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News In Brief

By CompiledCynthia HansonYvonne Zipp, and Sally Steindorf / August 26, 1996



THE US

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President Clinton planned to introduce a new gun control initiative today and an education proposal aimed at reducing illiteracy tomorrow at the Democratic National Convention in Chicago. The initiative would ban handgun purchases by people convicted of domestic abuse. An environmental initiative is scheduled to be unveiled Wednesday. Earlier, he unveiled a series of initiatives during a train trip to the convention.

At a Republican Party picnic in suburban Chicago, Bob Dole was to outline a new plan to combat drug use and planned to criticize Clinton's antidrug record. Dole also accused Clinton of stealing ideas from the Republicans after the president announced the creation of a national registry to track sex offenders. Dole's running mate Jack Kemp began a solo, 17-state campaign blitz in South Dakota.

Clinton imposed historic limits on the marketing of cigarettes the same day an Indiana jury ruled in favor of four tobacco companies in a liability suit. The suit was filed by the widow and family of a longtime smoker who died of a smoking-related illness. Also, Kentucky said it would file a suit to block Clinton's efforts to curb teenage smoking. And the Democrats were criticized for accepting donations from the country's largest tobacco company, Philip Morris Companies.

The Air Force canceled about a quarter of its training flights to review safety procedures the same day an EA-6B Prowler crashed in Arizona, killing four Marines. It was the third US military plane crash in two days: A pilot were killed when an A-10 warplane went down on the Eastern Shore of Maryland; another pilot died when his Marine F/A-18 crashed in the Atlantic off Ocean City, Md.

Investigators are exploring a theory that a bomb hidden in carry-on luggage ignited a fuel tank on TWA Flight 800, which exploded last month off Long Island. Also, the New York Daily News reported that traces of the explosive substance nitroglycerine were found among the wreckage. Another source said tiny bits of residue from a plastic-type explosive called PETN were found on the passenger cabin floor.

A chemical officer with the Army's 37th Engineering Battalion in the Gulf war told "60 Minutes" he defied orders and donned protective gear during the destruction of an Iraqi ammunition depot in March 1991. Dan Tipulski says he told his commanders he detected the nerve gas sarin at the site. But a commander didn't instruct soldiers to wear protective gear since there were so many false alarms registered. He is the only member of the battalion without health problems related to chemical exposure. Pentagon officials acknowledge the site may have contained chemical weapons.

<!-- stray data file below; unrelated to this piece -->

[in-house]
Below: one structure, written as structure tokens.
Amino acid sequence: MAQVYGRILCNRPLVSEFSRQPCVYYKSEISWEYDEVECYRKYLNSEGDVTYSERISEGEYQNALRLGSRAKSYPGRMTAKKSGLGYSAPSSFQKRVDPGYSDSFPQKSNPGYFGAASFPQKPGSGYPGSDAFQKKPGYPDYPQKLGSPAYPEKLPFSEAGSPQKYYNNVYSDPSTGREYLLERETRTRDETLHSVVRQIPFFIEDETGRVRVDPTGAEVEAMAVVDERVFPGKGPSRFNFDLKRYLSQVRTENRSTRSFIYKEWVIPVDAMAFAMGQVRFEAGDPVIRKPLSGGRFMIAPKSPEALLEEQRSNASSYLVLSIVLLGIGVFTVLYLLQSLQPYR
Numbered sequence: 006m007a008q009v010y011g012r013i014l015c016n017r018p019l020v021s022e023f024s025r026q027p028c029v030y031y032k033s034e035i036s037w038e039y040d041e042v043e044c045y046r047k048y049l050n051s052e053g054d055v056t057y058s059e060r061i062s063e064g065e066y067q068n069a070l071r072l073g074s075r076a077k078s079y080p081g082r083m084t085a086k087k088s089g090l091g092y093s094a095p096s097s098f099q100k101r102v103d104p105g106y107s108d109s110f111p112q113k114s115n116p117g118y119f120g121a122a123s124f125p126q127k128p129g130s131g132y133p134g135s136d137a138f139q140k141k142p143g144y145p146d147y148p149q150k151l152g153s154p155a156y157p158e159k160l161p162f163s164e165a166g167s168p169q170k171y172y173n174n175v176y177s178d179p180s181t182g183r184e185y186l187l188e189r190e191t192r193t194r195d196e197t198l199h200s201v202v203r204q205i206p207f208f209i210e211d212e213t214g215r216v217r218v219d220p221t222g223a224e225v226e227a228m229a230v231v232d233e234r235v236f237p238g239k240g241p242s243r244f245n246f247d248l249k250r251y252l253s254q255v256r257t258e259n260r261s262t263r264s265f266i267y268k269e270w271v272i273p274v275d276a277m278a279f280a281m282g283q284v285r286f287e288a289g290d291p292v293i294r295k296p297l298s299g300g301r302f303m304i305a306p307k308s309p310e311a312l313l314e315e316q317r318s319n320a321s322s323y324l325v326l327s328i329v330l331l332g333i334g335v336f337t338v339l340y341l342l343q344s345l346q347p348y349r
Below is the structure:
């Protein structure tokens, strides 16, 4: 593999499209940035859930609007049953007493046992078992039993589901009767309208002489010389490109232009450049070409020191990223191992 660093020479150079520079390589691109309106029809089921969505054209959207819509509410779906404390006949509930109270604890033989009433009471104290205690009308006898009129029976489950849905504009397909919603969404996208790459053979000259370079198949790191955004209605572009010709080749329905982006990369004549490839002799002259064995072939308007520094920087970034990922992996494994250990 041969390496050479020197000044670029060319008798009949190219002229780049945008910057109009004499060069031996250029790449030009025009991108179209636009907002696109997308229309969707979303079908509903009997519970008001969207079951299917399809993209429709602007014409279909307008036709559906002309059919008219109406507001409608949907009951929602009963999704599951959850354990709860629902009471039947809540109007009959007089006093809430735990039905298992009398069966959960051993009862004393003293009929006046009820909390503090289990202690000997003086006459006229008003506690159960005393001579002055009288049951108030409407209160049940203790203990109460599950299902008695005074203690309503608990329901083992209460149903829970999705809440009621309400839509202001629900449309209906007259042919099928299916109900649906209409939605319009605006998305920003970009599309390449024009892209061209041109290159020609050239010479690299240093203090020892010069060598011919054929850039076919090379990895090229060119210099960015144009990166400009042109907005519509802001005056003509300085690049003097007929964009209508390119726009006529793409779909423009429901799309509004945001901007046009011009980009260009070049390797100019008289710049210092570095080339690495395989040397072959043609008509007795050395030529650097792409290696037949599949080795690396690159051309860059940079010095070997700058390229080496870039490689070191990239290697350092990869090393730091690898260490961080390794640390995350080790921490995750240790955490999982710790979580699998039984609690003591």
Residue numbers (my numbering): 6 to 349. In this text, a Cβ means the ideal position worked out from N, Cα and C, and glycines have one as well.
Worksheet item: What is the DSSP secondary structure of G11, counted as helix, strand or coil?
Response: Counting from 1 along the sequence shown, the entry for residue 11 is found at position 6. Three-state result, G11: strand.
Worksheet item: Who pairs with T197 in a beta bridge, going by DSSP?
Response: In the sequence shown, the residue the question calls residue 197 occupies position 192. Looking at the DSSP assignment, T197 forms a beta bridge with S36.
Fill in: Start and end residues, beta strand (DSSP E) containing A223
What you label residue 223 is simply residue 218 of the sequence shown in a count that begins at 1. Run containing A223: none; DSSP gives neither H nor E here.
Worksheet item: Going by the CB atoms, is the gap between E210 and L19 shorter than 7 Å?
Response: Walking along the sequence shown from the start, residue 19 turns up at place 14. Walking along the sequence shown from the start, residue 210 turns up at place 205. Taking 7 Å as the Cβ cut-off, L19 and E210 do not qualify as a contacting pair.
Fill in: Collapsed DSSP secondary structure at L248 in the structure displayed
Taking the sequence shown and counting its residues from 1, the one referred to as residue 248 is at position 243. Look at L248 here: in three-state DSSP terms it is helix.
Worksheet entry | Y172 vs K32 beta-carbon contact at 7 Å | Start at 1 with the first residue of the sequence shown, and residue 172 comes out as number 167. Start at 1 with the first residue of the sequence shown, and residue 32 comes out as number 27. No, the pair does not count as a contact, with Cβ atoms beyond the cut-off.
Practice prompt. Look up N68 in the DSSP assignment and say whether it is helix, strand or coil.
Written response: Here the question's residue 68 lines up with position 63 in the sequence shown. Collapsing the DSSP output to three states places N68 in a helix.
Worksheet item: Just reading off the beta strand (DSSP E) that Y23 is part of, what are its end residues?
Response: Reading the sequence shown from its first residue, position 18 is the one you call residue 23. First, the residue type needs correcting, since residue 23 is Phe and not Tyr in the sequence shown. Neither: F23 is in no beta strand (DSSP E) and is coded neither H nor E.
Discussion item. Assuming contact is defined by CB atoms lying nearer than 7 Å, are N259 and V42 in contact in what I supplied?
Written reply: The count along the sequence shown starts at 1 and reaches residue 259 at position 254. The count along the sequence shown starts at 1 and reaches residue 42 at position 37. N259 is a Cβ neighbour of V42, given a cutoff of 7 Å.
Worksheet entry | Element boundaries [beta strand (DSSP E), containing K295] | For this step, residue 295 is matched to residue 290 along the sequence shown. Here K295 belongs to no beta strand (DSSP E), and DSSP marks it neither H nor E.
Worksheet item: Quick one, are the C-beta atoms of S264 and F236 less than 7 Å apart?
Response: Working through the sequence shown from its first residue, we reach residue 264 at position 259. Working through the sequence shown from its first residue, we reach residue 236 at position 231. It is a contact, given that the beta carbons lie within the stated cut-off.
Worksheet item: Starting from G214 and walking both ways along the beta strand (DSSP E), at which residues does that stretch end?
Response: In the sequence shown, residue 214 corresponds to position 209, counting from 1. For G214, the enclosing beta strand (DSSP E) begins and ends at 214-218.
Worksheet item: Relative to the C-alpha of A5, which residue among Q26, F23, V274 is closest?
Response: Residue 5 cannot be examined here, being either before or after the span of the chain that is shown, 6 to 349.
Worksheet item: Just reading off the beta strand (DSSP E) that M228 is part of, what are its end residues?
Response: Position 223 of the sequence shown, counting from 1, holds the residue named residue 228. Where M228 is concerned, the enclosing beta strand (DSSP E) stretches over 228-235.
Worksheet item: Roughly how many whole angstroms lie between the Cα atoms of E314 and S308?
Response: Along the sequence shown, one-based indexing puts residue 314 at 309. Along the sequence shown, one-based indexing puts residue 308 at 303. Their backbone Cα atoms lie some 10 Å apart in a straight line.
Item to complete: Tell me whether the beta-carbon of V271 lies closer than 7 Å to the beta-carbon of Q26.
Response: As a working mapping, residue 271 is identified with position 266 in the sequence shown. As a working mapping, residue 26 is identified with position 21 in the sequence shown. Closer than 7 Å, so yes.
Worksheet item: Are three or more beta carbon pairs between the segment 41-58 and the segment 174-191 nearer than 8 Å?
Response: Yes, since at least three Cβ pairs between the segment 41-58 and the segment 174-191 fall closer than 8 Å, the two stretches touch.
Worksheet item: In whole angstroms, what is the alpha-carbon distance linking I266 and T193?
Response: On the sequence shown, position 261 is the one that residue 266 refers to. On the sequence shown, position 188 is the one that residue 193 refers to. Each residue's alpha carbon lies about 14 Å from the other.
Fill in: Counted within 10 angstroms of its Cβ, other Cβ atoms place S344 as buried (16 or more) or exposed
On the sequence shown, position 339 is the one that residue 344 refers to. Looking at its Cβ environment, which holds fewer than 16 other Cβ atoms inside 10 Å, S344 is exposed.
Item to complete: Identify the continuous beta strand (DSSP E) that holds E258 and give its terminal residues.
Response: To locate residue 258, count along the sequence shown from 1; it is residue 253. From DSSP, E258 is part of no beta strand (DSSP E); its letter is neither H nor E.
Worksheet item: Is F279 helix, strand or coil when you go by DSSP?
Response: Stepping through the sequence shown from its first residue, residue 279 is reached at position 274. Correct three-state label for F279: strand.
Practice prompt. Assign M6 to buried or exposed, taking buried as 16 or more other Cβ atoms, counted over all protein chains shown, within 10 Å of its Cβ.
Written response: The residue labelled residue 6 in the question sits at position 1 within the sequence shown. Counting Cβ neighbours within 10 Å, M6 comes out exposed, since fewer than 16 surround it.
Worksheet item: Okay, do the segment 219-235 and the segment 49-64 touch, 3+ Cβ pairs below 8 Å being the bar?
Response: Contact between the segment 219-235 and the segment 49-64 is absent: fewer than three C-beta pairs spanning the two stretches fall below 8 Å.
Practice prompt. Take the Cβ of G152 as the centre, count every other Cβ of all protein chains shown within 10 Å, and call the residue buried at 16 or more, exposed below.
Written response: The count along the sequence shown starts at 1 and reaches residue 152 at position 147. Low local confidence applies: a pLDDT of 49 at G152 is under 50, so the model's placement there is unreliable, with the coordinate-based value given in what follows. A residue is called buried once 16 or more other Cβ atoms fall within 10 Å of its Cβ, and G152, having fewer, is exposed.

Supporters cheered four women who enrolled at a formerly all-male military college in Charleston, S.C. The Citadel changed its policy to include women after the US Supreme Court ruled the all-male admissions policy at the state-supported Virginia Military Institute unconstitutional.

A wildfire near Bend, Ore., destroyed 19 homes and damaged six others before shifting away from the subdivisions. The fire, sparked by a lightning bolt, burned at least 8,000 acres and caused hundreds of people to evacuate to a Red Cross shelter.

Without commenting on his reasons, a federal judge in Minneapolis denied a request from the Christian Science Church that he modify a decision that would ban government reimbursement to Christian Science nursing facilities nationwide. US District Judge Richard Kyle ruled Aug. 7 that federal regulations permitting reimbursement of Christian Science nursing care under Medicare and Medicaid were unconstitutional because they singled out one religion by name. The church filed a motion Aug. 19 asking the judge not to invalidate the statutes but instead to order the benefits of the accommodation be made available "to all similarly situated religious persons and groups." A spokesman said, "The church is investigating all its options."

THE WORLD

Russian security chief Alexander Lebed suspended further talks with Chechen rebel leaders, citing "legal difficulties," and returned to Moscow. Russian officials said the postponement was connected to a rebel attack on an armored Russian column and demanded the return of weapons seized from the troops. Also, Russian troops began pulling out of the village of Shatoi, Chechnya, under a cease-fire agreement between Lebed and rebel leaders. But a Russian general said he was delaying a pullout of troops in Grozny because of the attack, Interfax news agency reported.